The purpose of this study was to assess whether there was an agreement between quantitative cerebral blood flow (CBF) and arterial cerebral blood volume (CBVA) measurements by [15O]H2O positron emission tomography (PET) and model‐free QUASAR MRI. Twelve healthy subjects were scanned within a week in separate MRI and PET imaging sessions, after which quantitative and qualitative agreement between both modalities was assessed for gray matter, white matter and whole brain region of interests (ROI).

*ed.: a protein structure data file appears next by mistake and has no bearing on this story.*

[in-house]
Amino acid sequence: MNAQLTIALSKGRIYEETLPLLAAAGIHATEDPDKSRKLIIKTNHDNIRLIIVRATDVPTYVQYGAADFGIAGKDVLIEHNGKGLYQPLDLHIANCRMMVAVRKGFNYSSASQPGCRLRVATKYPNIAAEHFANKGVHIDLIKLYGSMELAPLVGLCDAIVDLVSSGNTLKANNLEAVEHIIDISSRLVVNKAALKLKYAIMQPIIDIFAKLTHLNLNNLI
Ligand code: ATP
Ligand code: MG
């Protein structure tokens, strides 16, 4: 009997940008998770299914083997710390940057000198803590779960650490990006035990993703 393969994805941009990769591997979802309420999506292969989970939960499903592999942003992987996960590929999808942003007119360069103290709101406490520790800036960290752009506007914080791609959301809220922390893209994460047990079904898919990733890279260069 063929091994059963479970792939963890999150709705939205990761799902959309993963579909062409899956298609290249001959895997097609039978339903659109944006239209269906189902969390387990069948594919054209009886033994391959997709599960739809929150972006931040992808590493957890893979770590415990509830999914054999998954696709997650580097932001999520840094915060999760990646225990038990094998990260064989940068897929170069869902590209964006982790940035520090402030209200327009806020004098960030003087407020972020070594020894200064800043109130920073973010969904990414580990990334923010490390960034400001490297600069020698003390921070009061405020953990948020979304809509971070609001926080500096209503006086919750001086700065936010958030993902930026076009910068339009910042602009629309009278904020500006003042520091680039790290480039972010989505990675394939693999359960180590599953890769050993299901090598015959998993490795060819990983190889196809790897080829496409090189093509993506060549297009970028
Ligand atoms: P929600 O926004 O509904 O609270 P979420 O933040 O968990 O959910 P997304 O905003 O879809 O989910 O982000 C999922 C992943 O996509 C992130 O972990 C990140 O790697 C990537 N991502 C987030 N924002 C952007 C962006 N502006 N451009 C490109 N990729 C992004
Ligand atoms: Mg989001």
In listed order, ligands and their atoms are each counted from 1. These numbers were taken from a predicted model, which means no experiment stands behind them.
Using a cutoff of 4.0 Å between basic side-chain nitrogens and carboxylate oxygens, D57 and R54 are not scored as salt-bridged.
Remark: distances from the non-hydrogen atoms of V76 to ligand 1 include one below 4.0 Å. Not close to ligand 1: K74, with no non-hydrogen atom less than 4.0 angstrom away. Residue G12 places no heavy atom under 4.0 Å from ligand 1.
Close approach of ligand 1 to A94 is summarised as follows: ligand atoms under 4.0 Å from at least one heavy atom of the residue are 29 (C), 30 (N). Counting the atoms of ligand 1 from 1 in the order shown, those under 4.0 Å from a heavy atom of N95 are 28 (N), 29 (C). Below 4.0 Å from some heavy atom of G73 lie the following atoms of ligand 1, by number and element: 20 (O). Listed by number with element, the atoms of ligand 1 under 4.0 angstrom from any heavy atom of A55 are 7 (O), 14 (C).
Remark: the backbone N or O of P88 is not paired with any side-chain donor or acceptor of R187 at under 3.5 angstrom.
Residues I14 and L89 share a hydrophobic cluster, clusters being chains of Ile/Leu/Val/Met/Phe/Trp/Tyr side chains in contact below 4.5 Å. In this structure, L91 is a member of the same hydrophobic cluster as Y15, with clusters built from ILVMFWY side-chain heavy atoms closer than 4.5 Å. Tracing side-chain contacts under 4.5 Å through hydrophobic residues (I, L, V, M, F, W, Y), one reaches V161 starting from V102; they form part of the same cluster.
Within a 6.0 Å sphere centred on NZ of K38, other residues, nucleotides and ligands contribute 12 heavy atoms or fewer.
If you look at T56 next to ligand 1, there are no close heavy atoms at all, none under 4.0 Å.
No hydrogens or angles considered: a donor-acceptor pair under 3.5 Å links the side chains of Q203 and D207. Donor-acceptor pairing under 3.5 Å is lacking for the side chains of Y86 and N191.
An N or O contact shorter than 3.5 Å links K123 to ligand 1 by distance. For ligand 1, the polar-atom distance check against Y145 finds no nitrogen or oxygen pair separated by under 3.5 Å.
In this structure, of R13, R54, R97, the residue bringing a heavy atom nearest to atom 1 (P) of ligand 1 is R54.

The correlation between CBF measurements obtained with both modalities was moderate to high (r2: 0.28–0.60, P < 0.05), although QUASAR significantly underestimated CBF by 30% (P < 0.001). CBVA was moderately correlated (r2: 0.28–0.43, P < 0.05), with QUASAR yielding values that were only 27% of the [15O]H2O‐derived values (P < 0.001). Group‐wise voxel statistics identified minor areas with significant contrast differences between [15O]H2O PET and QUASAR MRI, indicating similar qualitative CBVA and CBF information by both modalities. In conclusion, the results of this study demonstrate that QUASAR MRI and [15O]H2O PET provide similar CBF and CBVA information, but with systematic quantitative discrepancies.